Water quality and pollution by nutrients

Page Last modified 24 Jun 2020
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The overloading of seas, coastal waters, lakes and rivers with nutrients (nitrogen and phosphorus) can result in a series of adverse effects known as eutrophication.

In severe cases of eutrophication, massive blooms of planktonic algae occur. Some blooms are toxic. As dead algae decompose, the oxygen in the water is used up; bottom-dwelling animals die and fish either die or leave the affected area. Increased nutrient concentrations can also lead to changes in the aquatic vegetation. The unbalanced ecosystem and changed chemical composition make the water body unsuitable for recreational purposes and other uses, such as fish farming. The water becomes unsafe to drink.

Many societal activities result in nutrients being discharged into the aquatic environment, e.g. through wastewater from households and industry or by loss of nutrients from agriculture and fish farming. In some areas, atmospheric deposition of nutrients can also play a role. Agriculture is the main source of nitrogen loading and a major source of phosphorus loading, although much phosphorus also comes from point sources and sparsely built-up areas.

The effects of excessive nutrient loading are especially noticeable in the groundwater (nitrate), in lakes (phosphorus), large slow-flowing rivers and in the estuaries, coastal waters as well as open marine waters. Much of the nutrient input to the lakes and the coastal waters comes from rivers.

Phosphorus concentrations generally decreased in European rivers and to a lesser extent lakes during the 1990s, reflecting the improvement in wastewater treatment over this period. Overall, there has been a minor decrease in nitrate concentrations in European rivers over the same period, but there is no evidence of a decrease (or increase) of nitrate concentrations in Europe’s groundwater and lakes.

Nitrate and phosphorus concentrations in freshwater bodies between 1992/1996 and 2004.


Notes: Numbers of groundwater bodies, lake and river monitoring stations in brackets

Lake: nitrate data from Estonia (4 stations on 1 lake), Finland (6 stations on 6 lakes), Germany (5 stations on 5 lakes), Hungary (15 stations on 6 lakes), Latvia (1 station on 1 lake) and Slovenia (4 station on 2 lakes).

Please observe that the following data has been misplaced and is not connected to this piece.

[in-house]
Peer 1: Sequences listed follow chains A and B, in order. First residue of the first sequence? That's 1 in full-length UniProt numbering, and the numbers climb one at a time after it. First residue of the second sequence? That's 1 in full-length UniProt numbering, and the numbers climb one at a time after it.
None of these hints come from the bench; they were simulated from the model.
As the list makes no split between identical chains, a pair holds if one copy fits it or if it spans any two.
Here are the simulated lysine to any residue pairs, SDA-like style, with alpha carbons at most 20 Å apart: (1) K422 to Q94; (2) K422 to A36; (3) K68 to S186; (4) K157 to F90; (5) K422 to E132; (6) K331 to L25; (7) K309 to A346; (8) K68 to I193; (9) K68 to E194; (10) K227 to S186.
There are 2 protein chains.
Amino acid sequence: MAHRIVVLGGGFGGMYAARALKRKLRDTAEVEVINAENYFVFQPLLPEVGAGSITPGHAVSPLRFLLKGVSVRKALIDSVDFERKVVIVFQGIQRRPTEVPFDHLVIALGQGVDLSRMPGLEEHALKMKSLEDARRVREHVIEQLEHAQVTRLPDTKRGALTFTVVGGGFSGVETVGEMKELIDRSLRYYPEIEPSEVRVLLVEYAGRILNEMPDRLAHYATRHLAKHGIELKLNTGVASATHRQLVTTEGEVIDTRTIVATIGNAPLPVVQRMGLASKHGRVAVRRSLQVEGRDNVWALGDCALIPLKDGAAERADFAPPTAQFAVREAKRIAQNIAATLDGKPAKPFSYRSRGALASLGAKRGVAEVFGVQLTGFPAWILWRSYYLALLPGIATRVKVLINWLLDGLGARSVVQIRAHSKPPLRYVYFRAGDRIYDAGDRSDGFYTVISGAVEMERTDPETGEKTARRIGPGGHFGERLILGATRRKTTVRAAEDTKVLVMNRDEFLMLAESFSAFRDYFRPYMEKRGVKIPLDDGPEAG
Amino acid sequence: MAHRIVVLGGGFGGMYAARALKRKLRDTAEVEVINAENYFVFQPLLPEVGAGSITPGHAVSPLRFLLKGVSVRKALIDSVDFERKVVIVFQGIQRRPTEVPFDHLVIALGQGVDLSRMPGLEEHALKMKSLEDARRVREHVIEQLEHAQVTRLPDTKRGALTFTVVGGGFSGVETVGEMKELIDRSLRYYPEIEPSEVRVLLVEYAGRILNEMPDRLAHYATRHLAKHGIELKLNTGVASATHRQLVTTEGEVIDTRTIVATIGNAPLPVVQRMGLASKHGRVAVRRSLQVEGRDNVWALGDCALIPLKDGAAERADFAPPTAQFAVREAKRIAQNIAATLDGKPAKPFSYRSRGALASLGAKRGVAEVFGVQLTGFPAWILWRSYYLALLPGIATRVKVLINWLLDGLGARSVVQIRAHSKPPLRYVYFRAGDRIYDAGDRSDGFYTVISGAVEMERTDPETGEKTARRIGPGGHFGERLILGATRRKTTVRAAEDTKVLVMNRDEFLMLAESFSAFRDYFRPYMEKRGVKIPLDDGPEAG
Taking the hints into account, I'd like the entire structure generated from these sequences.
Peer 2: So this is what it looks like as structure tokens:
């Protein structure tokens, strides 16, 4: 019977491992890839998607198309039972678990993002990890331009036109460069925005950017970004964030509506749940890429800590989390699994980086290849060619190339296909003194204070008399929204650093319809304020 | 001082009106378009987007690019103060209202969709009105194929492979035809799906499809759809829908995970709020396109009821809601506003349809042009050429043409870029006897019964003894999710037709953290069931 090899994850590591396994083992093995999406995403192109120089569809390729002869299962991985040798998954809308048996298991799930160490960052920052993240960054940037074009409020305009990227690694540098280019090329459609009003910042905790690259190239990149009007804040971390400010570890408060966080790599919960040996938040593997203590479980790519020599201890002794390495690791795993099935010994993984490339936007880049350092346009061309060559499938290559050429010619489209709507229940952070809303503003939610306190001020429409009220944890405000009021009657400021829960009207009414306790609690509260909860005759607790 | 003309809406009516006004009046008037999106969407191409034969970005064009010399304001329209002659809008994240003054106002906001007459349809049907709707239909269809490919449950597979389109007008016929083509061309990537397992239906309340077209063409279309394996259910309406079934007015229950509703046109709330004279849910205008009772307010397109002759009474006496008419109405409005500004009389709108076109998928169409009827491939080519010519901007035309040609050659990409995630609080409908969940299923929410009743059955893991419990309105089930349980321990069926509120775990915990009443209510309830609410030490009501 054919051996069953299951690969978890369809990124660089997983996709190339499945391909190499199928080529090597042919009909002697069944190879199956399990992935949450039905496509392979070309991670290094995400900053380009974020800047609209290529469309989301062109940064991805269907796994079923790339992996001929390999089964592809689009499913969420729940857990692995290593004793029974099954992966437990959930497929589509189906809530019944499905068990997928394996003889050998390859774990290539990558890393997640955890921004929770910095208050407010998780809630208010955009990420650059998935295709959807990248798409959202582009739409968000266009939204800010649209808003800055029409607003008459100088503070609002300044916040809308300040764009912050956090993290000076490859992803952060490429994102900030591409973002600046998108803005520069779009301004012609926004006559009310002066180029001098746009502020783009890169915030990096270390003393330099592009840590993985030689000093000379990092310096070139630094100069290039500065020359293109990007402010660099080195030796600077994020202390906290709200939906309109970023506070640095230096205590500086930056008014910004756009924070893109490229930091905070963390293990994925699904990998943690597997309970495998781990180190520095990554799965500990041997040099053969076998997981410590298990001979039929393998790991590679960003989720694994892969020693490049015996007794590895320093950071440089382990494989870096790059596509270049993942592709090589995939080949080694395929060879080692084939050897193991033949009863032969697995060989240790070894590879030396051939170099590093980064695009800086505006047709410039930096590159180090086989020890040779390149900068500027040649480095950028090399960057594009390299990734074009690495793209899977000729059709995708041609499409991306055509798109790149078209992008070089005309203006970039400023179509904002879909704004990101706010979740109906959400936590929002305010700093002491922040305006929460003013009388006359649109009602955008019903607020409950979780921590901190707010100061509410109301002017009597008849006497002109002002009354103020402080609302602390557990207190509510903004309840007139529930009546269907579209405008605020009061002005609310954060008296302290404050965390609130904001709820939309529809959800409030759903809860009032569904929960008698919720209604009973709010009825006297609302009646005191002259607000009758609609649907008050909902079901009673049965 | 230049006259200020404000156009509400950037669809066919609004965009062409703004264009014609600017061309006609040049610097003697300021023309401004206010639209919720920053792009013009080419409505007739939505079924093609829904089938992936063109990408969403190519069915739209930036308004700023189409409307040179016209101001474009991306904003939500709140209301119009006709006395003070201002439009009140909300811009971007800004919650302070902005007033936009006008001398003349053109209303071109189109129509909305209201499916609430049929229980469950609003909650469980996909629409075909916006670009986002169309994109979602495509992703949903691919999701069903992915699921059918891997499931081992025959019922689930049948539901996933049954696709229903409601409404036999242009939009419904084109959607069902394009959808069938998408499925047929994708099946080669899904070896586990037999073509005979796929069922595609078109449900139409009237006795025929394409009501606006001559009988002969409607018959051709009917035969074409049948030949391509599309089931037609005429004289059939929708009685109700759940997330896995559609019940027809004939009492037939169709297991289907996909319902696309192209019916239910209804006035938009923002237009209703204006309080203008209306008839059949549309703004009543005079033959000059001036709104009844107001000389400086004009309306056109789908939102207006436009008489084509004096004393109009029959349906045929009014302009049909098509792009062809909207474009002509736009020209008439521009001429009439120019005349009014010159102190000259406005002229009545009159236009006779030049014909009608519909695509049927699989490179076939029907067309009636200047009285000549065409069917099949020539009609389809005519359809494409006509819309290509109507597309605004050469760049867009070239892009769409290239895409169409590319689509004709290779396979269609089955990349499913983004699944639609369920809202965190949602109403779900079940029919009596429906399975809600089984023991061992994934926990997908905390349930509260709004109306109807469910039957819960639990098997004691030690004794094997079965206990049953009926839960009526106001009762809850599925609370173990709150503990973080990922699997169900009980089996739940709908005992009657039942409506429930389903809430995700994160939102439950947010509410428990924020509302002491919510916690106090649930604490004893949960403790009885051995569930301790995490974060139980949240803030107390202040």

Total phosphorus data from Austria (5 station on 5 lakes), Denmark (19 station on 19 lakes), Estonia (4 station on 1 lake), Finland (11 station on 11 lakes), Germany (5 station on 5 lakes), Hungary (11station on 2 lakes), Latvia (1 station on 1 lake), Sweden (3 station on 3 lakes) and Slovenia (4 station on  2 lakes).

Groundwater bodies: 147 groundwater bodies with data from Austria, Bulgaria, Denmark, Estonia, Finland, Germany, Lithuania, the Netherlands, Norway, Portugal, Slovak Republic, Slovenia and United Kingdom

Rivers: data from Austria, Bulgaria, Czech Rep., Denmark, Estonia, Finland, France, Germany, Hungary, Latvia, Lithuania, Poland, Slovak Rep., Slovenia, Sweden and United Kingdom.

Concentrations are expressed as median of annual average concentrations for groundwater, rivers and lakes.

Data are from representative river and lake stations. Stations that have no designation of type are assumed to be representative and are included in the analysis.

Source: EEA CSI20

For some countries there have been significant decreases in river nitrate concentrations (Figure Trend_NO3). Denmark and Germany had the highest proportion of river stations with decreasing trends indicating that national and EU measures introduced to reduce nitrate pollution, such as those in the Nitrates Directive, are taking effect. Also the Czech Republic, Latvia, Hungary and Poland had a high proportion of river stations with decreasing levels of nitrate.  These decreasing nitrate levels are likely to be due to the decrease in agricultural activities that has taken place in these countries during their transition to a market-oriented economy. 


Trend_NO3: Percentage of river monitoring stations per country with upward or downward trend of nitrate concentrations during the period 1992 to 2004


Note: Negative values on ‘y’ axis equates to downward trends, positive values to upward trends.

Analysis based on representative river monitoring stations except for Norway where for rivers flux monitoring stations were used. Source: EEA CSI20

Further information on nutrients in surface waters can be found in the EEA core set indicator on nutrients in freshwater

Publications and links

EEA 2005: The European environment - State and outlook 2005. Part A: Integrated assessment, chapter 5 Freshwaters, and 6 Marine and coastal environment

EEA 2003: Europe's water: An indicator-based assessment. Topic report No 1

EEA 2000: Nutrients in European ecosystems. Environmental assessment report No 4

CEC DG environment homepage on the Nitrate Directives

WHO and CEC 2002: Eutrophication and health

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ammonium concentration of rivers of the European countries

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nitrate concentration of rivers of the European countries

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nitrate concentration of rivers of the European river basin districts

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phosphate concentration of rivers of the European countries

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nitrate concentration of lakes of Europe


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